ELECTION: Amendment 73, a tax for education, fails

Amendment 73, which would have stabilized property-tax rates for school districts and provided funding for pre-Kindergarten and full-day Kindergarten across the state, has been defeated, with 55 percent of voters against the measure.

The race has been called against Amendment 73, with 1,045,222 votes against and 839,043 votes in favor, according to the Colorado Secretary of State. All 64 counties have reported. 

Amendment 73 also would have expanded the definition of students at risk and increased funding for programs that serve children with special needs, gifted and talented students, and English language learners. Supporters of the amendment said it would have raised $1.6 billion annually for public schools.

“Colorado needs to decide what kind of state it wants to be. Our state cannot continue to grow and maintain a robust economy without more investment in our education system,” Amie Baca-Oehlert, a high school counselor and president of the Colorado Education Association, said in a prepared statement. “TABOR has a stranglehold on Colorado’s ability to deliver the schools our students deserve and that employers need for future growth. Coloradans need to come together to solve the problem of TABOR revenue restrictions for this state to make critical investments in our kids and their future.”

Critics of the measure were critical of the fact that it was a constitutional amendment, saying that it would have built inflexibility into the constitution.

 

Amendment 73, which would have stabilized property-tax rates for school districts and provided funding for pre-Kindergarten and full-day Kindergarten across the state, has been defeated, with 55 percent of voters against the measure.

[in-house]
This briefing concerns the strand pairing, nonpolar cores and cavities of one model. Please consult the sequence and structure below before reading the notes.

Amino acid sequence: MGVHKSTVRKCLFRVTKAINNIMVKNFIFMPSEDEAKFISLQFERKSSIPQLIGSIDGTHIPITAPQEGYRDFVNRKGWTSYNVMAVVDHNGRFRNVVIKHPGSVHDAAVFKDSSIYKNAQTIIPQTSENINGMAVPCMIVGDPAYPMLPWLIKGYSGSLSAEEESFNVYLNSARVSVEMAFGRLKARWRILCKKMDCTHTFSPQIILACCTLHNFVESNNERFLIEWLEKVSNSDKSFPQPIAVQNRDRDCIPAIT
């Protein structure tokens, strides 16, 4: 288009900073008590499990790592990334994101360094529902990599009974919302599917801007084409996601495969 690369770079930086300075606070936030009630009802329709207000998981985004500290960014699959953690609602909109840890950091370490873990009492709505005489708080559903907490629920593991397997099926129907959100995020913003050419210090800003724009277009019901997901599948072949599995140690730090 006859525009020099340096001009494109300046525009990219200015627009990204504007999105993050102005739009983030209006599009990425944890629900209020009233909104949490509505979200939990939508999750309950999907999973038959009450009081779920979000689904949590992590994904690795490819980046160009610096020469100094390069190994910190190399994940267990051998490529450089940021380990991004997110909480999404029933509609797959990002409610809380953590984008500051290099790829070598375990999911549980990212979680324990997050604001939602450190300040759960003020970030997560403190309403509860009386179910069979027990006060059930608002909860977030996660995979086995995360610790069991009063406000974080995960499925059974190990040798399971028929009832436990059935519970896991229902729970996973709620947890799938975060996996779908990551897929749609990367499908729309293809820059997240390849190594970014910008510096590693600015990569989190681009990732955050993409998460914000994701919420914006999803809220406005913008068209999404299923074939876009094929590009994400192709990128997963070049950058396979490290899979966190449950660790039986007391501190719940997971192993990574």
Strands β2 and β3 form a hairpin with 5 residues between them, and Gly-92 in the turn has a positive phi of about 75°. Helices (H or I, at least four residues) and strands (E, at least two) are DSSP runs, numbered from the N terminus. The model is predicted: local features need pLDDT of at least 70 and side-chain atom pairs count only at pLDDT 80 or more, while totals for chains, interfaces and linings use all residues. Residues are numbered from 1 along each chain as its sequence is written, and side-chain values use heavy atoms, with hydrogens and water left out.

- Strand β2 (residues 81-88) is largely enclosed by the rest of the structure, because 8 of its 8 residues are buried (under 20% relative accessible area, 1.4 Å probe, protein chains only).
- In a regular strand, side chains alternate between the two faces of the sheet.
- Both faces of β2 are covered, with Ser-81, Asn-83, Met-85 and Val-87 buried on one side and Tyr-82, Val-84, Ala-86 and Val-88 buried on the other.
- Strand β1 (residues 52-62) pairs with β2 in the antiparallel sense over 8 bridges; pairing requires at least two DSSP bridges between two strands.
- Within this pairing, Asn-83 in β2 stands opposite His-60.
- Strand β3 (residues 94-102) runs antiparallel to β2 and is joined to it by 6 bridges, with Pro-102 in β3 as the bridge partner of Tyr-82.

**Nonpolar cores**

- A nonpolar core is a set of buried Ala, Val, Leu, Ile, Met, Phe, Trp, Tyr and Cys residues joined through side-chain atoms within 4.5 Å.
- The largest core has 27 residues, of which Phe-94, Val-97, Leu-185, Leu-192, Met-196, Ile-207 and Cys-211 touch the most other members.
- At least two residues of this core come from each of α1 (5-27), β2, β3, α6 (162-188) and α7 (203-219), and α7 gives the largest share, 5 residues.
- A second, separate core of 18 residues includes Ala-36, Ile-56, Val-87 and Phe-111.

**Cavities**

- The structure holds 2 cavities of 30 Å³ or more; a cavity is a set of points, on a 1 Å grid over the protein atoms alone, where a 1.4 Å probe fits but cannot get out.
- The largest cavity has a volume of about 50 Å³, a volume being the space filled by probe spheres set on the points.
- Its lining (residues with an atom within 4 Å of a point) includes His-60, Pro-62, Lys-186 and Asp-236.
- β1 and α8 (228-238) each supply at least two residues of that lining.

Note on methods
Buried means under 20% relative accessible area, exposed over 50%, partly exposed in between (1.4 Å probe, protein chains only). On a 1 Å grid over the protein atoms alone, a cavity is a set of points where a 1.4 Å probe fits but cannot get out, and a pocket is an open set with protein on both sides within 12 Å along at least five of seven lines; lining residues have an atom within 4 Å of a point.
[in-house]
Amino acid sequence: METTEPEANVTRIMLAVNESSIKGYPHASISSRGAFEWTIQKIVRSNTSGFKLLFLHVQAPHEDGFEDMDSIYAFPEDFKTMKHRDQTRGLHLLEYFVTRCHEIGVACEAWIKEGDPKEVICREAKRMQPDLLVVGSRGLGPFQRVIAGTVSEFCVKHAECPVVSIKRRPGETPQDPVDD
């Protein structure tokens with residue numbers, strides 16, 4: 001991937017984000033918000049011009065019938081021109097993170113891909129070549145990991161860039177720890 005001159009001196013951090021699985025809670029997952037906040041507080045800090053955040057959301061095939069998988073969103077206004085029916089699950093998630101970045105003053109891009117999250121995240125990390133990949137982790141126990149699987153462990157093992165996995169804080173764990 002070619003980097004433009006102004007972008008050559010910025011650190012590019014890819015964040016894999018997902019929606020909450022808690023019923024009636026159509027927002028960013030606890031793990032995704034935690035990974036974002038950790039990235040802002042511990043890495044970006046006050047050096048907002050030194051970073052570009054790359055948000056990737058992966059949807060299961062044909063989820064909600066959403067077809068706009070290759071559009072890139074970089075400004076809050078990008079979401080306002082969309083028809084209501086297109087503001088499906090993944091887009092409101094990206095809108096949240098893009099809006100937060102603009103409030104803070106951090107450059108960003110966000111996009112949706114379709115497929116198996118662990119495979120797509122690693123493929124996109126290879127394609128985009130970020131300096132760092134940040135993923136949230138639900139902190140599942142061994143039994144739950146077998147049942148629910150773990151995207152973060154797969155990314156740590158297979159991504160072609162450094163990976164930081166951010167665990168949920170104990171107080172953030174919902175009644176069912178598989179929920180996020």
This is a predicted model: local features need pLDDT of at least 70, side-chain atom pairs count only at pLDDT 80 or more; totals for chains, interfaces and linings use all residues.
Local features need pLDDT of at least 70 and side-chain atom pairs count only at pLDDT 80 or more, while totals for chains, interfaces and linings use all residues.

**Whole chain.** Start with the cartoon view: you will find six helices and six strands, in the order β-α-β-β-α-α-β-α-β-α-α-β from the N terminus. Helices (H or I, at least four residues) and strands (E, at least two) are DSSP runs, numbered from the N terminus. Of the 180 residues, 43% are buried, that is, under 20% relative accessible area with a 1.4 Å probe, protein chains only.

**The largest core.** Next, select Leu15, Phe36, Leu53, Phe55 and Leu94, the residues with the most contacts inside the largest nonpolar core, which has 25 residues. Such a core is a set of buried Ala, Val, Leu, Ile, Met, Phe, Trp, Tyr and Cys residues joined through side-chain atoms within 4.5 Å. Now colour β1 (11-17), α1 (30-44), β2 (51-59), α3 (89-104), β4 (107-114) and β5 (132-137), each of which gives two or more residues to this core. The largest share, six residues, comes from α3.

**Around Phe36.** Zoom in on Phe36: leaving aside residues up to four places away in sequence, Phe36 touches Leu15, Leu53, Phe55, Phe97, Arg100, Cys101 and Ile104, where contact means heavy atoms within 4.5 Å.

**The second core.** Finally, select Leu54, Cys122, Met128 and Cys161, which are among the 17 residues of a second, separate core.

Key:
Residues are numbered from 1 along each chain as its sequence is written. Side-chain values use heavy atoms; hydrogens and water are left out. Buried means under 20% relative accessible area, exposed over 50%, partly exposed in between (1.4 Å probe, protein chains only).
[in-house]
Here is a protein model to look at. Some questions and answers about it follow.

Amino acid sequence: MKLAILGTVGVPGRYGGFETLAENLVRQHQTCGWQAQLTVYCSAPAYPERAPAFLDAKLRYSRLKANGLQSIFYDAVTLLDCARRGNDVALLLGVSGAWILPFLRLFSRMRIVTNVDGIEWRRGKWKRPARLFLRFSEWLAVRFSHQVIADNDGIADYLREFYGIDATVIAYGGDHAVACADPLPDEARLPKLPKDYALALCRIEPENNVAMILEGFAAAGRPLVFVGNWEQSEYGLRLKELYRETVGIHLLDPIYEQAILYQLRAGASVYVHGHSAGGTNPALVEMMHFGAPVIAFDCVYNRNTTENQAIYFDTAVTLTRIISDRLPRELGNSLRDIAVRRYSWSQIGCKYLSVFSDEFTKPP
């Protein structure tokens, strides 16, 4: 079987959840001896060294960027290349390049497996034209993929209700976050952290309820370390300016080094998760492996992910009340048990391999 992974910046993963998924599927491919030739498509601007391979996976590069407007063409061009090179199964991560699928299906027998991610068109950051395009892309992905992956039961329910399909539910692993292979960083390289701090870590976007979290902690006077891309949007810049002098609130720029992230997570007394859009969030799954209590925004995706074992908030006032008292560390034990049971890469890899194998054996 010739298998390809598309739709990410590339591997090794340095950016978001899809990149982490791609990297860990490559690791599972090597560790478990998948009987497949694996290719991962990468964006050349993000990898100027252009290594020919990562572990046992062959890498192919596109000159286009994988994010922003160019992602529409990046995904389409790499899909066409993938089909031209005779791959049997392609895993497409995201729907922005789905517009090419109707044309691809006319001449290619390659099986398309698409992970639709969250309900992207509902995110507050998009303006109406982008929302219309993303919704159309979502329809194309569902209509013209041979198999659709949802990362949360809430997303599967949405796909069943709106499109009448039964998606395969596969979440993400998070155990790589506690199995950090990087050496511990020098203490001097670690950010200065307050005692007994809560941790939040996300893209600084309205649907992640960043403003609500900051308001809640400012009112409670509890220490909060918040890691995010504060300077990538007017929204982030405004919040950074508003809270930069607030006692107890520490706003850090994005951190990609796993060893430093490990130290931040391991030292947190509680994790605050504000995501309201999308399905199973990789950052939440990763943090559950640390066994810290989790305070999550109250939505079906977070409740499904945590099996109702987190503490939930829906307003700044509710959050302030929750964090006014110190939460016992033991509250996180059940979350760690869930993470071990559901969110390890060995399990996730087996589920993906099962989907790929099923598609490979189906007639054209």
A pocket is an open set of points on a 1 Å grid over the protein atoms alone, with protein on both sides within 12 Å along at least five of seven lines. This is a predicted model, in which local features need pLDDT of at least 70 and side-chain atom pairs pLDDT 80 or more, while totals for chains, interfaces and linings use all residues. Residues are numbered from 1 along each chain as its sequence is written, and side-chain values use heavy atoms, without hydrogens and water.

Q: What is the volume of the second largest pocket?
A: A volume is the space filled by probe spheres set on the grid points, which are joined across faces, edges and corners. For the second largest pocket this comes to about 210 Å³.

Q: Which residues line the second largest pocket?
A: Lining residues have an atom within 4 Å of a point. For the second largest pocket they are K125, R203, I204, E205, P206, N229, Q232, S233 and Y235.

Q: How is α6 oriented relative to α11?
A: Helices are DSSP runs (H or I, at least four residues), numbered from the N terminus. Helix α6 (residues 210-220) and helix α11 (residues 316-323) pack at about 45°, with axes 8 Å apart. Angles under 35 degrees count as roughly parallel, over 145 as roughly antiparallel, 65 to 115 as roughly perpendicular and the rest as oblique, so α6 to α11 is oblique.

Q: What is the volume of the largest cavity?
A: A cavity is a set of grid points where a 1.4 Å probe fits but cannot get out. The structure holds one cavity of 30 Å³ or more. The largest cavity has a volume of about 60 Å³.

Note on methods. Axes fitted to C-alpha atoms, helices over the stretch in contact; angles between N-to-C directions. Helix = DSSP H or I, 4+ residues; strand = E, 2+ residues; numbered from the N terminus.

The race has been called against Amendment 73, with 1,045,222 votes against and 839,043 votes in favor, according to the Colorado Secretary of State. All 64 counties have reported. 

Amendment 73 also would have expanded the definition of students at risk and increased funding for programs that serve children with special needs, gifted and talented students, and English language learners. Supporters of the amendment said it would have raised $1.6 billion annually for public schools.

“Colorado needs to decide what kind of state it wants to be. Our state cannot continue to grow and maintain a robust economy without more investment in our education system,” Amie Baca-Oehlert, a high school counselor and president of the Colorado Education Association, said in a prepared statement. “TABOR has a stranglehold on Colorado’s ability to deliver the schools our students deserve and that employers need for future growth. Coloradans need to come together to solve the problem of TABOR revenue restrictions for this state to make critical investments in our kids and their future.”

Critics of the measure were critical of the fact that it was a constitutional amendment, saying that it would have built inflexibility into the constitution.